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This Is Why Catriona Gray Is More Than Just The Crown


Even in a world ravaged by skepticism, one cannot discount the fact that the ascendancy of prophecy is very much in play in the affairs of the modern world. No, this isn’t your saturated astrology analogy nor is it an exaltation of Nostradamus and his spine-chilling predictions from the 16th century. It will be an almost exhaustive exercise to detail how fate weaves its assigned destinies to us mere mortals, much like how the ancient Greeks have believed the Moirai to do so, but nothing is more clear-cut of this literature than the unraveling of the life of one Miss Catriona Gray.

“I never dreamed of being a beauty queen. But it’s hard to justify when it’s like, ‘Well, when you were five, you were in Little Miss Philippines, right?’ Blame my mom for that. My mom and my dad are just the proudest parents, and I’m very blessed to have supportive parents,” she reveals in her Build Series interview during her much-talked about media week blitz since her assumption of her role as Miss Universe. “But yeah, I was five years old, I did Little Miss Philippines. I don’t remember much, but I know that in the talent competition, I danced and lip-synced to Stop by the Spice Girls. I had a matching silver outfit, and I was yeah, feeling myself.”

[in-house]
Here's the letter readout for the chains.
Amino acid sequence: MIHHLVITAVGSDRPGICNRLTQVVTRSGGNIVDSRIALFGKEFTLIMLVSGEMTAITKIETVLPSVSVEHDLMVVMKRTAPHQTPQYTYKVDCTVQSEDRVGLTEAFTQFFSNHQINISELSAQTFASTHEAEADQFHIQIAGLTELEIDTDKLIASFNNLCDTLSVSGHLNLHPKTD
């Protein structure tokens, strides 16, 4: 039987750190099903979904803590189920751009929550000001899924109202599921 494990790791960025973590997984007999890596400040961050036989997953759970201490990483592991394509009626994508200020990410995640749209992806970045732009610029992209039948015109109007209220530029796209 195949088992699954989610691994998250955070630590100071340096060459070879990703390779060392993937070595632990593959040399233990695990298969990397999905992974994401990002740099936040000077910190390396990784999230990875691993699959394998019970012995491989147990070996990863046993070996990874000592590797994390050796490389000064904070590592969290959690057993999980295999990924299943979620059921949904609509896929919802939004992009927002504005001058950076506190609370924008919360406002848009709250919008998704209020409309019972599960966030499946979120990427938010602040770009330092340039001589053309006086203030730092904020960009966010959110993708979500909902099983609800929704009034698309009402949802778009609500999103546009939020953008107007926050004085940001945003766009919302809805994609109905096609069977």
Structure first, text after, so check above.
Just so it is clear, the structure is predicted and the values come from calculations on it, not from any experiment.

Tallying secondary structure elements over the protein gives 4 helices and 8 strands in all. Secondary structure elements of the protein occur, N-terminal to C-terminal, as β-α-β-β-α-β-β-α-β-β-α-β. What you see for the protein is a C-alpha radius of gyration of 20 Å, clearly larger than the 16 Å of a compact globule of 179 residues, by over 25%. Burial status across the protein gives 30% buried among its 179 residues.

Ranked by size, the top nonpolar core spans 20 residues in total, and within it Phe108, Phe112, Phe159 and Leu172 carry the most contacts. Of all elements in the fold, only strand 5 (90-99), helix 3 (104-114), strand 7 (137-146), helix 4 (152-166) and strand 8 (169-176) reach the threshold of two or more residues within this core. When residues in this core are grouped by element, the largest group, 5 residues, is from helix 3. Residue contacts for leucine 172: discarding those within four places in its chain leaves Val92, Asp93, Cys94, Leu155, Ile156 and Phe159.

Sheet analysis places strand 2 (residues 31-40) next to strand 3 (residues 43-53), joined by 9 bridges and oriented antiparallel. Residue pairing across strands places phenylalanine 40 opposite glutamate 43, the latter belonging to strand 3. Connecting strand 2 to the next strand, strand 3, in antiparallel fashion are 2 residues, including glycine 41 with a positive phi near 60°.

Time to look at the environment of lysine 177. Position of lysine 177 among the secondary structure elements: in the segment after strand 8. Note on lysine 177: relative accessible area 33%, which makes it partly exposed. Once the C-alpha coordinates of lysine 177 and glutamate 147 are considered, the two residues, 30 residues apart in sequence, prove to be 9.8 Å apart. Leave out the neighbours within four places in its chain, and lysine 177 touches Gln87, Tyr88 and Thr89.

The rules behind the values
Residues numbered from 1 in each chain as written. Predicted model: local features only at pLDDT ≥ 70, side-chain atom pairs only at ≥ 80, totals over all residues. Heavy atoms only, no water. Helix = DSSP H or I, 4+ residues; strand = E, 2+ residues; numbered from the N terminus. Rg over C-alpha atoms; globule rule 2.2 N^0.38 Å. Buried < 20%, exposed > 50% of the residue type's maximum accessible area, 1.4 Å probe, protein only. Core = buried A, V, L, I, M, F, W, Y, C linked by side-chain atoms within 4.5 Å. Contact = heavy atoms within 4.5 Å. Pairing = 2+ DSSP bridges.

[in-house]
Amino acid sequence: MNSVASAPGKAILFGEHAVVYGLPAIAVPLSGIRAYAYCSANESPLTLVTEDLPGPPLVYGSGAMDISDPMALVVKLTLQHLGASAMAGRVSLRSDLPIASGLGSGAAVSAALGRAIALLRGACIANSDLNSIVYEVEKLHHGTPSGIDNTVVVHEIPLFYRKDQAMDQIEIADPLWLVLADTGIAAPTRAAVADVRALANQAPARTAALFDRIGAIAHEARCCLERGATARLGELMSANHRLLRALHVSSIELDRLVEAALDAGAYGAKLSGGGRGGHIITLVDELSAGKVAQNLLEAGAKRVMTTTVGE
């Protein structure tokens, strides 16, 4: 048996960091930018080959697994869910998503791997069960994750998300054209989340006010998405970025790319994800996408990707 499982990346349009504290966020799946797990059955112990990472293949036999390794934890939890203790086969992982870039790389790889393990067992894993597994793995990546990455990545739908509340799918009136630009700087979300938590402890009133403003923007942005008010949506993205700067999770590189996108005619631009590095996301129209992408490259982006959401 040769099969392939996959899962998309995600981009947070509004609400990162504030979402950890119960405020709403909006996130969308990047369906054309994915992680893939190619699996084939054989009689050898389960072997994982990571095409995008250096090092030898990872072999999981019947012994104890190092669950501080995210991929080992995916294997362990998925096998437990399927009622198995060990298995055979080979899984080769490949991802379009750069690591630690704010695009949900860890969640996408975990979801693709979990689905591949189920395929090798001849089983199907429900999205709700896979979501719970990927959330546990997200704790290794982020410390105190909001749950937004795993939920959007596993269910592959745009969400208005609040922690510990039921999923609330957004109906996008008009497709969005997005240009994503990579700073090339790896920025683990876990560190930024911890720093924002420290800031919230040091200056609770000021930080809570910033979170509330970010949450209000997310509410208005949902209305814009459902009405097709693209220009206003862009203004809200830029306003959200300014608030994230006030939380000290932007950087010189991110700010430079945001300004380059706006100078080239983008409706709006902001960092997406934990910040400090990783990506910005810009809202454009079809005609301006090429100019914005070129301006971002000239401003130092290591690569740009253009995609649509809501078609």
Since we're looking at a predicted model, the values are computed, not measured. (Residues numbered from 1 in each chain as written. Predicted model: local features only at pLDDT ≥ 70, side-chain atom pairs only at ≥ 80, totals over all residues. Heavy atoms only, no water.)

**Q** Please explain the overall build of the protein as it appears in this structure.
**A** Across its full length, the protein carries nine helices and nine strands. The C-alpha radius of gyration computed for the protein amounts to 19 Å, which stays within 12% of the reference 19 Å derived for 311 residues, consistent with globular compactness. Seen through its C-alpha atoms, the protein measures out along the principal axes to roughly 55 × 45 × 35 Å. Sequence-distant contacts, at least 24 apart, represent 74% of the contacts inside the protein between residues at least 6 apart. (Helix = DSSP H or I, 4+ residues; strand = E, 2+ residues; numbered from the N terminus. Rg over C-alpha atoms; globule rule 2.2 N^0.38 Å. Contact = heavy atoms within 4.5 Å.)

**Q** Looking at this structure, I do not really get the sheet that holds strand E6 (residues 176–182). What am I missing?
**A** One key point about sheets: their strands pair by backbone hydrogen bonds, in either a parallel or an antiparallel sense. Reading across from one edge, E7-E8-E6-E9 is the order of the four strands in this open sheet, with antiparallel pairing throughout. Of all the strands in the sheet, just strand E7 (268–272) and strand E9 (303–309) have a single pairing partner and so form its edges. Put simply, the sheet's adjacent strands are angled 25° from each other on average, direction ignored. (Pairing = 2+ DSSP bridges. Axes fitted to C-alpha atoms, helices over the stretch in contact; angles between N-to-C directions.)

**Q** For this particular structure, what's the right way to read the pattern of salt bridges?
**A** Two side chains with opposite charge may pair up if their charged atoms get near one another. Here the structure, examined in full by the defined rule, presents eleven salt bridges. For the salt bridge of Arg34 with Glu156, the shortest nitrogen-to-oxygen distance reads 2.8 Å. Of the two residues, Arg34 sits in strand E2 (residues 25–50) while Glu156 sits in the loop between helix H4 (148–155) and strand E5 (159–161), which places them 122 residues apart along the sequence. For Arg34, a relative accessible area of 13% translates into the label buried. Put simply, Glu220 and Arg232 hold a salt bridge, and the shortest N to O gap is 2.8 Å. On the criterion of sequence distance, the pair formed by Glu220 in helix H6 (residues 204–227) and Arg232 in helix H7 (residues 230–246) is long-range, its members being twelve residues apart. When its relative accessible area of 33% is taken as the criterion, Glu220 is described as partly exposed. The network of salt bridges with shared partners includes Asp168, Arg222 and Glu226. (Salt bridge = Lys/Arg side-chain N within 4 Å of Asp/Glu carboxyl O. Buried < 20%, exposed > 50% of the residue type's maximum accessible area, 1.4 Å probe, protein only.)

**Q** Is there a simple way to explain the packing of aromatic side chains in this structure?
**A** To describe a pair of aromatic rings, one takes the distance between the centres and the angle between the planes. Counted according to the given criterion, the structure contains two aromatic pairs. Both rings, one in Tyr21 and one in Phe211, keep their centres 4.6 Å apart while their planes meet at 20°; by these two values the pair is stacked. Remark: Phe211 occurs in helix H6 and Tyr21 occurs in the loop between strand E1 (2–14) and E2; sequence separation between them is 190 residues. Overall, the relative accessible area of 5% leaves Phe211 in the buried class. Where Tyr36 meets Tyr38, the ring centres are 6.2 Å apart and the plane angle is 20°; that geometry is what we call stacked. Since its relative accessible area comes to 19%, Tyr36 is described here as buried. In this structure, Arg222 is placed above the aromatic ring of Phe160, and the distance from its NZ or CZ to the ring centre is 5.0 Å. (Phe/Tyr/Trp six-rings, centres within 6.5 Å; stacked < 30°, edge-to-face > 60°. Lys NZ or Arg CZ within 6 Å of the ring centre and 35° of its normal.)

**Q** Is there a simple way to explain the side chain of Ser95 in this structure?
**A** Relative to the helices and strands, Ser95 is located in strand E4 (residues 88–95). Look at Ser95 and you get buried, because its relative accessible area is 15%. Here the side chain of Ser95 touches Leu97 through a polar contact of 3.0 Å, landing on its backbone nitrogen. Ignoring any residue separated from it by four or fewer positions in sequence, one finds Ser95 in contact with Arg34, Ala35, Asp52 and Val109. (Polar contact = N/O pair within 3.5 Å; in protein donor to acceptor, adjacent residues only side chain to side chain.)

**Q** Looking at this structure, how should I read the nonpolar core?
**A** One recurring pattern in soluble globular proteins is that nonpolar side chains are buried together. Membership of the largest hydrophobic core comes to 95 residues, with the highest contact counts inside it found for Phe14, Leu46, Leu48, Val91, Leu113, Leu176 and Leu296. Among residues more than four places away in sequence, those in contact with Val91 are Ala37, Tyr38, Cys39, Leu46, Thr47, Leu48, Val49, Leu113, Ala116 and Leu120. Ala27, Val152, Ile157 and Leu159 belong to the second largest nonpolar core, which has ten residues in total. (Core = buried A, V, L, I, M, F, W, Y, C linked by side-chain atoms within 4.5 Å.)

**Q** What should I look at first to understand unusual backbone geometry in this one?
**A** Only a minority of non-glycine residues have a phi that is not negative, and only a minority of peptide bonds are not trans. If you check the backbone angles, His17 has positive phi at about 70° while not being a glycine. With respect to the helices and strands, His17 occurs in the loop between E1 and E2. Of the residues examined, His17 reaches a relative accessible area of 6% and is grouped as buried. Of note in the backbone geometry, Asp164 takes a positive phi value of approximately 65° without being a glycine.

Call it what you will, fortuitous coincidence, divine providence, or a master plan revealed by fate itself, but one of significant things that made Catriona Gray clinch the coveted Mikimoto crown during the Miss Universe finals was her all-encompassing and impassioned answer when asked what the most important lesson she’s learned in her life, and how she can apply it as Miss Universe. As if anchored by just one draw of breath, she confidently and very calmly articulated what would now be canon in the history of pageantry: “I’ve always taught myself to look for the beauty in it, to look for the beauty in the faces of the children, and to be grateful. I would bring this aspect as a Miss Universe to see situations with a silver lining, and to assess where I could give something, where I could provide something as a spokesperson,” she says, rousing the packed audience at the cavernous Impact Arena in Bangkok, Thailand. “If I could teach also people to be grateful, we could have an amazing world where negativity could not grow and foster, and children would have a smile on their face. Thank you.”

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